In order to receive a grade of C for discussion group participation you will need to make FOUR substantive postings. A grade of B requires SIX substantive postings, while a grade of A requires EIGHT substantive postings.  A "substantive posting" will raise a new issue for discussion and comment in depth on it, or it will respond in depth to an ongoing discussion.  It will be at least a paragraph in length (usually four or more complete sentences), and it must address the general subject of language, approached from a linguistic perspective.  Although I will not “grade” your writing in these entries, I expect substantive postings to meet the normal standards of grammaticality, clarity, coherence, and mechanical accuracy that one expects from college-level writing.  Postings that do not conform to those standards will not be counted as substantive.

Do not put your participation off until the end of the quarter.  I will count no more than two entries in each of the final three weeks of the course, so if you want an A for the discussion group section of the course, you will need to post at least two substantive messages during weeks one through seven.  Start early and post often!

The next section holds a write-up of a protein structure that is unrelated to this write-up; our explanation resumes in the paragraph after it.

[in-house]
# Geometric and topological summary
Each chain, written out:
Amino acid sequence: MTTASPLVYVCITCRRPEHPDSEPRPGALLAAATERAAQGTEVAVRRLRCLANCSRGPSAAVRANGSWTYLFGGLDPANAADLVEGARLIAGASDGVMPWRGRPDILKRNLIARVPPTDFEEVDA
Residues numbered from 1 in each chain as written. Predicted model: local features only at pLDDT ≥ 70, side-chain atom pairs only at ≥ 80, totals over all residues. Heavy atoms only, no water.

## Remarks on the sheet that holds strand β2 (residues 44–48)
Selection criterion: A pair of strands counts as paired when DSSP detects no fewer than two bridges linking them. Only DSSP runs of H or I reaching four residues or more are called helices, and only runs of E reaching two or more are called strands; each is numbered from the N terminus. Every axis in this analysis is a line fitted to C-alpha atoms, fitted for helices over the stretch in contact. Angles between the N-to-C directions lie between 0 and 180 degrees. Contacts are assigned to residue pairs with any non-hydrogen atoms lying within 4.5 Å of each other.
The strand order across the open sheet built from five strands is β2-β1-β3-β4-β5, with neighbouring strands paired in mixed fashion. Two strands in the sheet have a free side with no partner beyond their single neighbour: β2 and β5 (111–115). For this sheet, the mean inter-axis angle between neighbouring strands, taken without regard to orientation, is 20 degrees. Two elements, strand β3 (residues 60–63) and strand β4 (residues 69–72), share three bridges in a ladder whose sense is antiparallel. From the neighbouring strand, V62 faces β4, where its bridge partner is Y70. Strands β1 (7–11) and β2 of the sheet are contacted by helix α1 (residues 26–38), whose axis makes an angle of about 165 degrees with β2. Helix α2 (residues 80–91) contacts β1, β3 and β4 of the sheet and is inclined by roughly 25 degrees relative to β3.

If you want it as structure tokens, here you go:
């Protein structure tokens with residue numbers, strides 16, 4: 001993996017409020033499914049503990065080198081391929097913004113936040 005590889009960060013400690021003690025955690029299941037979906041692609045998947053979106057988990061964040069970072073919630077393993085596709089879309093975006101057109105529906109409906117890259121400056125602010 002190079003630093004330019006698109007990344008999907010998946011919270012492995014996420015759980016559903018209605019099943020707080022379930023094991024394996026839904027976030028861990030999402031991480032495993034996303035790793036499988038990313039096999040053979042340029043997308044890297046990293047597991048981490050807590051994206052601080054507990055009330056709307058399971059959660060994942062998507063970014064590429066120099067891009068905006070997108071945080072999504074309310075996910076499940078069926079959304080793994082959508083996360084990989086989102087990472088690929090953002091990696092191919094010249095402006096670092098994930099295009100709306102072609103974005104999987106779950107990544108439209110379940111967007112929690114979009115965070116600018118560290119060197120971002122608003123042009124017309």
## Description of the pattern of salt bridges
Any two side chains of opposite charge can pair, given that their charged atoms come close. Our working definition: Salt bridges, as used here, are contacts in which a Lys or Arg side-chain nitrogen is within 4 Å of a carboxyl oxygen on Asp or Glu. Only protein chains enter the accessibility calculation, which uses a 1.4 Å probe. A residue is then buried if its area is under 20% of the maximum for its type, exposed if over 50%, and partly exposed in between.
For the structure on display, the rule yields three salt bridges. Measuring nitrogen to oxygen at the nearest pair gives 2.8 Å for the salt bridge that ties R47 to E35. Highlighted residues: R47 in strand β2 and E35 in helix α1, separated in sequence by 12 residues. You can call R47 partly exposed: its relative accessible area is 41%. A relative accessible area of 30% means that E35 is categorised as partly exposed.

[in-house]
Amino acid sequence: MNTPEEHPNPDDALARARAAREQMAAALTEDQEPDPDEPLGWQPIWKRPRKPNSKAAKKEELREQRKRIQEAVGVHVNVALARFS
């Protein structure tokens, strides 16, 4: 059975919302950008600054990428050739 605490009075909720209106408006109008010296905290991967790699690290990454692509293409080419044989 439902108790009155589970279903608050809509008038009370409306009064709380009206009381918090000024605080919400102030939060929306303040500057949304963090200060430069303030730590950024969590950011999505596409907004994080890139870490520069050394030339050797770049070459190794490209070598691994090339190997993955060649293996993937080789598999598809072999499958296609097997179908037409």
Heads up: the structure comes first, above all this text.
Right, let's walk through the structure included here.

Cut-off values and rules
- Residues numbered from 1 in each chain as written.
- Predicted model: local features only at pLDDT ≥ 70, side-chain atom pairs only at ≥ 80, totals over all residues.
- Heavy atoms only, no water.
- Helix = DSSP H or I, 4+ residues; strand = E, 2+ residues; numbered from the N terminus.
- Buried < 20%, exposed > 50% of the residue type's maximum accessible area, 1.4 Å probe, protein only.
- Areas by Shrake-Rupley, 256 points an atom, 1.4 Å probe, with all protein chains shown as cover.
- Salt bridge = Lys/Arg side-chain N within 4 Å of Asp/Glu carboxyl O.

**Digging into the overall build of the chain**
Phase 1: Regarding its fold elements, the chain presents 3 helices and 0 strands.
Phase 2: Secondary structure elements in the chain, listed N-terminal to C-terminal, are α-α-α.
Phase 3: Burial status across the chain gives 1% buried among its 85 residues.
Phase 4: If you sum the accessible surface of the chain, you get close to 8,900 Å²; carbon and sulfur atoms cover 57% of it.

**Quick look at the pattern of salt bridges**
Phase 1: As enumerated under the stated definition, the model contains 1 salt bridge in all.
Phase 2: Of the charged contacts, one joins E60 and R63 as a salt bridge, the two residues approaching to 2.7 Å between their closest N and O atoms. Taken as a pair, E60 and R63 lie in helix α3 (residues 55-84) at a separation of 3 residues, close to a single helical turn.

Instructor: Henry Limouze <henry.limouze@wright.edu>


Links for students of linguistics 

The Language Files Home Page (http://ling.ohio-state.edu/files/files.html)

Phonemic charts of English Vowels and English Consonants 

Exercises: 

Basic Phonemic Transcription 
Intermediate Phonemic Transcription 
Problems in Phonemic Transcription (Stress, Syllabic Consonants) 

Return to Henry Limouze's Home Page 

Return to the English Department Syllabus Archive 

The URL for this page is
        http://www.wright.edu/~henry.limouze/ling/